Solo Hike at Artist’s Rock + Sunset Rock Trail Review

I feel so lucky because I was able to go on three separate hikes this week, three days in a row! Lucky, because not only did I have the time off work but I also was fortunate enough to have a bout of good, spring-like weather.

View of South Lake in the Catskills, at North-South Lake Campground.

With one of my days off, I opted to go on a solo hike. Granted, I did my due diligence and asked all of my friends if they wanted to go, but since it was a random Tuesday, most people had to work and nobody could take the time off to go. Not that I minded – I absolutely love solo hiking. The peace and quiet and mind freedom that I feel during a solo hike is unmatched.

I picked a hike where I knew I would run into minimal snow. I put a lot of effort into researching trail conditions the night before. There were a couple of options that I had been thinking about hiking, but after reading some reviews I decided that they might not be the best hikes to try to attempt alone (or even with someone for that matter – no amount of people on a hike with you can make overflowing stream crossings passable!)

About The Location
I ended up selecting Artists Rock + Sunset Rock via Escarpment Trail from the North-South Lake State Campground in Haines Falls, NY. This is located in the Eastern Catskill Mountains, literally on the edge, overlooking the Hudson Valley to the east.

Trailhead Parking
The trail I chose to do was a loop trail, though there were a lot of different options for ways you could hike the trail. I did the loop counter clockwise, starting at the Escarpment Trail parking lot at South Lake. I was very comfortable with this option because I knew parking at a campground meant the roads would be easily passable and it generally felt safe. Doing the trail this way made the most sense because the campground was closed for the season, so this trailhead parking was the closest one that was open. When the campground is open for the season, there is trailhead parking much closer to the two viewpoints I was seeking.

This tree was so awesome, I loved the way the roots just grew around this rock, hugging it to the earth.

About The Trail
The hike loop itself was only about 6 miles with about 790 foot of elevation gain according to AllTrails, so the hike itself also felt very doable. I could also tell from the map that there were a ton of different options for how to go about doing the hike, including several bail out points if I decided it wasn’t worth going any further or if I got uncomfortable for any reason. Again, if it was summer, I likely would have chosen the closer trailhead parking which would have reduced the hike by a few miles, but I had a full day to use up, and it was just me making the decisions for just myself, so I was happy with the longer route.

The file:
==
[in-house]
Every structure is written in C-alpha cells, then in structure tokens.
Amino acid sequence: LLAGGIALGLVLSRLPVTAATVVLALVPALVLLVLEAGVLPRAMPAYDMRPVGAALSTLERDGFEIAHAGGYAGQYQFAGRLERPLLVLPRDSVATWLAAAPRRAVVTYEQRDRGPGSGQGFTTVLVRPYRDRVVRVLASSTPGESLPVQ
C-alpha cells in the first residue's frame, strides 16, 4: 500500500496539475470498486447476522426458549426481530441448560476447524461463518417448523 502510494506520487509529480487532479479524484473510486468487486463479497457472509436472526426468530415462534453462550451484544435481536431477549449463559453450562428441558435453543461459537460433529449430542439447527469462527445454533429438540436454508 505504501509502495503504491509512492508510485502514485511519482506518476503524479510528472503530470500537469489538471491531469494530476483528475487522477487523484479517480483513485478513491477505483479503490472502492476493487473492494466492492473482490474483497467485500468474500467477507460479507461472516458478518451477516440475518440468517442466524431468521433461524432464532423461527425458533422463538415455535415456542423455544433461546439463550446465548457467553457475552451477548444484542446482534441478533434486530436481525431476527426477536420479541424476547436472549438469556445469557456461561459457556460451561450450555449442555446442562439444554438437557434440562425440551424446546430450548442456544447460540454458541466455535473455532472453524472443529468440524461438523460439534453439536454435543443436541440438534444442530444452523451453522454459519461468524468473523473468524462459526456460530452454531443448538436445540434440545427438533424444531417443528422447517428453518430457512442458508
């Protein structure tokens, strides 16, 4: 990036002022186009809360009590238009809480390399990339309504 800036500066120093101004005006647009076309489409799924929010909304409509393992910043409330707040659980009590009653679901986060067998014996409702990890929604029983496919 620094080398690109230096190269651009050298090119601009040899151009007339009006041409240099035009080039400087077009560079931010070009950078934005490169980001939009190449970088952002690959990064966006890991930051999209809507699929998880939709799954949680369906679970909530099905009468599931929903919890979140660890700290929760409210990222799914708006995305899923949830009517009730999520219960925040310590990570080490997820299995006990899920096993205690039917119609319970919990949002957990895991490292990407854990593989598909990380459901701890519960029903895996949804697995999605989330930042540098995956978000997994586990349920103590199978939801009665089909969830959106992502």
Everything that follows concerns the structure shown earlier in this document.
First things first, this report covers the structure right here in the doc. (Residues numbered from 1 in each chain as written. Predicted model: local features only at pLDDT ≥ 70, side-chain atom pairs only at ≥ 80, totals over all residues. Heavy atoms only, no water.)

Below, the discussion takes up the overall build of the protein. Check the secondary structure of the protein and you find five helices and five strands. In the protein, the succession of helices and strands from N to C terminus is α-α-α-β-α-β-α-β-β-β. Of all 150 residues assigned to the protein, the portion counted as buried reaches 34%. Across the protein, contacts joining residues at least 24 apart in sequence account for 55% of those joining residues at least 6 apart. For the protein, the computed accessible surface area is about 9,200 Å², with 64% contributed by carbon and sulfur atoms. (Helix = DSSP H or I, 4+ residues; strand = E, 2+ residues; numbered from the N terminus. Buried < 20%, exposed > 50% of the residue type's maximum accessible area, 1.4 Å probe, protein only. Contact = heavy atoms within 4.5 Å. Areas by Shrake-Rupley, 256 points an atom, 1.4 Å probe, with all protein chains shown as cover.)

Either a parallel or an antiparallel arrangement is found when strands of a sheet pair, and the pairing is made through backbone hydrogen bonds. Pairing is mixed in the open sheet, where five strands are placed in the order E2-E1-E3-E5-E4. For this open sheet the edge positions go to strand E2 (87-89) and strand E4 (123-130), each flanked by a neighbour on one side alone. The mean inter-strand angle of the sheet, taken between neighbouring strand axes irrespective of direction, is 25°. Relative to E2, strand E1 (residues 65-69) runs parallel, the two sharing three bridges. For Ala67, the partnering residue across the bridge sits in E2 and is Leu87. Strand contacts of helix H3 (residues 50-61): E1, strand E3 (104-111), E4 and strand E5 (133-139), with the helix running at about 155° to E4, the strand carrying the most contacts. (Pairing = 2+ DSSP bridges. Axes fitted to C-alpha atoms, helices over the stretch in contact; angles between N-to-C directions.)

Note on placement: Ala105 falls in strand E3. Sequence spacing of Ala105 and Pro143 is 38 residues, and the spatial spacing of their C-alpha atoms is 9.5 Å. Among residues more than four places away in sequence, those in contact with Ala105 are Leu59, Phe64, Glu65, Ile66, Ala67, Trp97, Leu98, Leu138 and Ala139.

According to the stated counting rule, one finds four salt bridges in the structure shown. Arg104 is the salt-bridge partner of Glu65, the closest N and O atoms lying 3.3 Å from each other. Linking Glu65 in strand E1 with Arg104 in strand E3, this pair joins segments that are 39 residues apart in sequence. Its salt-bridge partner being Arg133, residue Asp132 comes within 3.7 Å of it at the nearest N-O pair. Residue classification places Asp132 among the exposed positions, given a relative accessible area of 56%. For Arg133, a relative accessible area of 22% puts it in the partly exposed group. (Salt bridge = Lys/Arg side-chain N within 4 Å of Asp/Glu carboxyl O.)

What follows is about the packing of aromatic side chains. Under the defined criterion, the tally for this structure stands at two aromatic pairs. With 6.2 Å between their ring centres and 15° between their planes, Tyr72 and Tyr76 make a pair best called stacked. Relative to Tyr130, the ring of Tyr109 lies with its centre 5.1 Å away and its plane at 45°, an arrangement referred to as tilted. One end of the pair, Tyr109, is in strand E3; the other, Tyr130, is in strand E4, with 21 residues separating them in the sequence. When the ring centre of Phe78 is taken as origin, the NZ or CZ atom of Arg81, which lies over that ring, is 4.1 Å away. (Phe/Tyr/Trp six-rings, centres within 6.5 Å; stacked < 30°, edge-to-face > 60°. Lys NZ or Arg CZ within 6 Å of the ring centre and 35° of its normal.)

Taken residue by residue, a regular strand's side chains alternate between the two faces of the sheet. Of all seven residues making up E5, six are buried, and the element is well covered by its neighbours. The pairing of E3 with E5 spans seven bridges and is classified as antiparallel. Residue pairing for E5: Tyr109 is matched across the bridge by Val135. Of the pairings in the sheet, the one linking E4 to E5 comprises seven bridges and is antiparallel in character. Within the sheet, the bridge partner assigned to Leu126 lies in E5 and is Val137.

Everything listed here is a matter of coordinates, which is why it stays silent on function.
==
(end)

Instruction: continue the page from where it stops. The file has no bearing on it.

There were so many spots along the trail where you could walk right down to the water for a unique view.

The trail starts off low and in the forest, making a loop around the lake. The trail is fairly close to the lake and you have views of it pretty much the whole time. There are also a ton of spots where you could easily walk down to the lake to admire the view. The forest setting was pretty open and clear. It was obvious to me that it is a heavily used area, and sometimes it was hard to tell where the actual trail was. The trail markers weren’t super close together, so sometimes I had to walk a few yards past a trail marker in order to see the next one way up ahead. This wasn’t really a problem though because it would be tough to get lost, especially if you had studied the map ahead of time and knew you were supposed to be circling the lake.

Eventually you get to the top of South Lake and the trail opens up, bringing you to a beach like area and some bathroom facilities. You walk along the beach until you’re back in a forest setting for a little while. The trail comes to a small point where there are some cool rocks to stand on overlooking the lake. There is even a tree that fell down that made for some great photos.

You then continue along a trail that is basically a sidewalk for a little ways until you come upon another beach and what looks to be one of the main buildings for the campground and day use area. You walk around these buildings, through the parking lot until you cross a small road to go to the escarpment trail.